Haley stated that he voted in favor of the final proposed committee in order to show board unity, even though he disagreed with the choice of the chair and vice-chair as the Select Board representatives on the committee. The board also voted 5-0 to accept the charge to the screening committee.
The Select Board voted 3-2 to recommend that Town Meeting exercise its right of first refusal to purchase five lots, totaling 2.5 acres, on Grove Street for $2.25 million. The Meadowbrook Golf Club currently owns the land. Haley and Bacci were the dissenting votes. The board also voted 4-1, with Haley as the dissenting vote, to present both the option of exercising the right and an option to purchase just one lot from the other potential purchaser of the property, Bancroft Estates, for $450,000. This would allow the town to develop parking for the Town Forest at the site. This plan could require an easement from Meadowbrook.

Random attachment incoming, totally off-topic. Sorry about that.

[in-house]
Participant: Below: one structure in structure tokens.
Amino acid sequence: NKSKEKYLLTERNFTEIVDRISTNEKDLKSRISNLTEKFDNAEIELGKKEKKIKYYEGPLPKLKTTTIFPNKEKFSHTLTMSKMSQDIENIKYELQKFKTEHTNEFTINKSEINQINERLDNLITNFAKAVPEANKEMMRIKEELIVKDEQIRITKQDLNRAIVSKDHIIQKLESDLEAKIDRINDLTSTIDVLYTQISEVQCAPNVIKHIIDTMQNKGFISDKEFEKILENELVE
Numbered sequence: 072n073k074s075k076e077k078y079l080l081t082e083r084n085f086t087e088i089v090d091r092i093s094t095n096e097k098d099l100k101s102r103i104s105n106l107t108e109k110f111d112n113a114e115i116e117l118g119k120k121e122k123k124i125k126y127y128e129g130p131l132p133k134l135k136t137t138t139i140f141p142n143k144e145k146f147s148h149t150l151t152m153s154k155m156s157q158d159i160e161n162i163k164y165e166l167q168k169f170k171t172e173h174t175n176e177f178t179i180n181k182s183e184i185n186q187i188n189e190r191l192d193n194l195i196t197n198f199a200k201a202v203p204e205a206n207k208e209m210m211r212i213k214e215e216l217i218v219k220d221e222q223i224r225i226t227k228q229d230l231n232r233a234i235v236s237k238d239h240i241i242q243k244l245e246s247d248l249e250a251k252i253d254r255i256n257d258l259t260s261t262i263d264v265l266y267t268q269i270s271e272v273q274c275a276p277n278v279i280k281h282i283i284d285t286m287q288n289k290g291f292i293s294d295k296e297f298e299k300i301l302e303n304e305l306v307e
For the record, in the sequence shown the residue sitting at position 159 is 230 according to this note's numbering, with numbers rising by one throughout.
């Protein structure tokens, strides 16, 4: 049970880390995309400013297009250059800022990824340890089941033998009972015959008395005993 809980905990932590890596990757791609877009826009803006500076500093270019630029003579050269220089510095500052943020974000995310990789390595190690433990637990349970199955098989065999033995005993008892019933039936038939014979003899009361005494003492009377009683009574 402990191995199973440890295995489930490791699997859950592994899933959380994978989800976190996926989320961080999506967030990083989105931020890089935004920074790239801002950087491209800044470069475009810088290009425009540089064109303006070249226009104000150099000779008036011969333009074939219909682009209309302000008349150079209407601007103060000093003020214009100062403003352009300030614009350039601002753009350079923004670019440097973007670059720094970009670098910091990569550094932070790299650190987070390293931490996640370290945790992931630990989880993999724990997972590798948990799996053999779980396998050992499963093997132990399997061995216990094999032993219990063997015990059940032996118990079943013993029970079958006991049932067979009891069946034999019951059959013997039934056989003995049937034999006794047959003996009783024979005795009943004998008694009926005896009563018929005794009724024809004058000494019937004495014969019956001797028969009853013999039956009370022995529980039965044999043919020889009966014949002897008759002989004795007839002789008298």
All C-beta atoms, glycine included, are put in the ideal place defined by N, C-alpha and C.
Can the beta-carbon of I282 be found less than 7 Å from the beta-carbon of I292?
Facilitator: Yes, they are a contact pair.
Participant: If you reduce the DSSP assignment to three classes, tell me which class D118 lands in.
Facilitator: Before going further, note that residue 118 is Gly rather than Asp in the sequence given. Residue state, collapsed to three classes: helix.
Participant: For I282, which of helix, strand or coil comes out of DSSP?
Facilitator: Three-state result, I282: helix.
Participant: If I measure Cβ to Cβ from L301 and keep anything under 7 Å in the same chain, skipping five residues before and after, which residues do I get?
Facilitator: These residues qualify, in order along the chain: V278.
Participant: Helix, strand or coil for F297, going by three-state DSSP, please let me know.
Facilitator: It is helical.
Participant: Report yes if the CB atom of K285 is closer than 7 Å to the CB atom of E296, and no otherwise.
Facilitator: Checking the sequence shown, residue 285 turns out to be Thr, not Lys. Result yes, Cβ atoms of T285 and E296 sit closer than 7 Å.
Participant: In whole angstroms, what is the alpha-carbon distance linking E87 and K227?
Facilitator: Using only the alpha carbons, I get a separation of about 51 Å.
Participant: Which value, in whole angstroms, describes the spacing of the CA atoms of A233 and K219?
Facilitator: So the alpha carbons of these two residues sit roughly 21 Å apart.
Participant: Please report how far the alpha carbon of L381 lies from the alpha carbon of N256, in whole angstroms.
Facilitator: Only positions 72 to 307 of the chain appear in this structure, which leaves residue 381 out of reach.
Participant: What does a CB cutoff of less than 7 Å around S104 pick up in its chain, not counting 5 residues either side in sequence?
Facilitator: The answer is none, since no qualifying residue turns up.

“I would like Reading to weigh in on the use of the property.” Herrick declared. Select Board member Mark Dockser agreed, “This is a chance for Town Meeting to really buy in and see where they want to go.”
Several residents spoke in favor of acquiring all five lots to use open space and connection to the town forest. Dockser noted that most of the emails to the board from residents stated the same, though Bacci pointed out that many emails also stated that, at a minimum, the one lot should be acquired. Town Forest committee member Jeff Lamson affirmed his position that all five lots should be purchased, “This is a no-brainer.” Lamson suggested.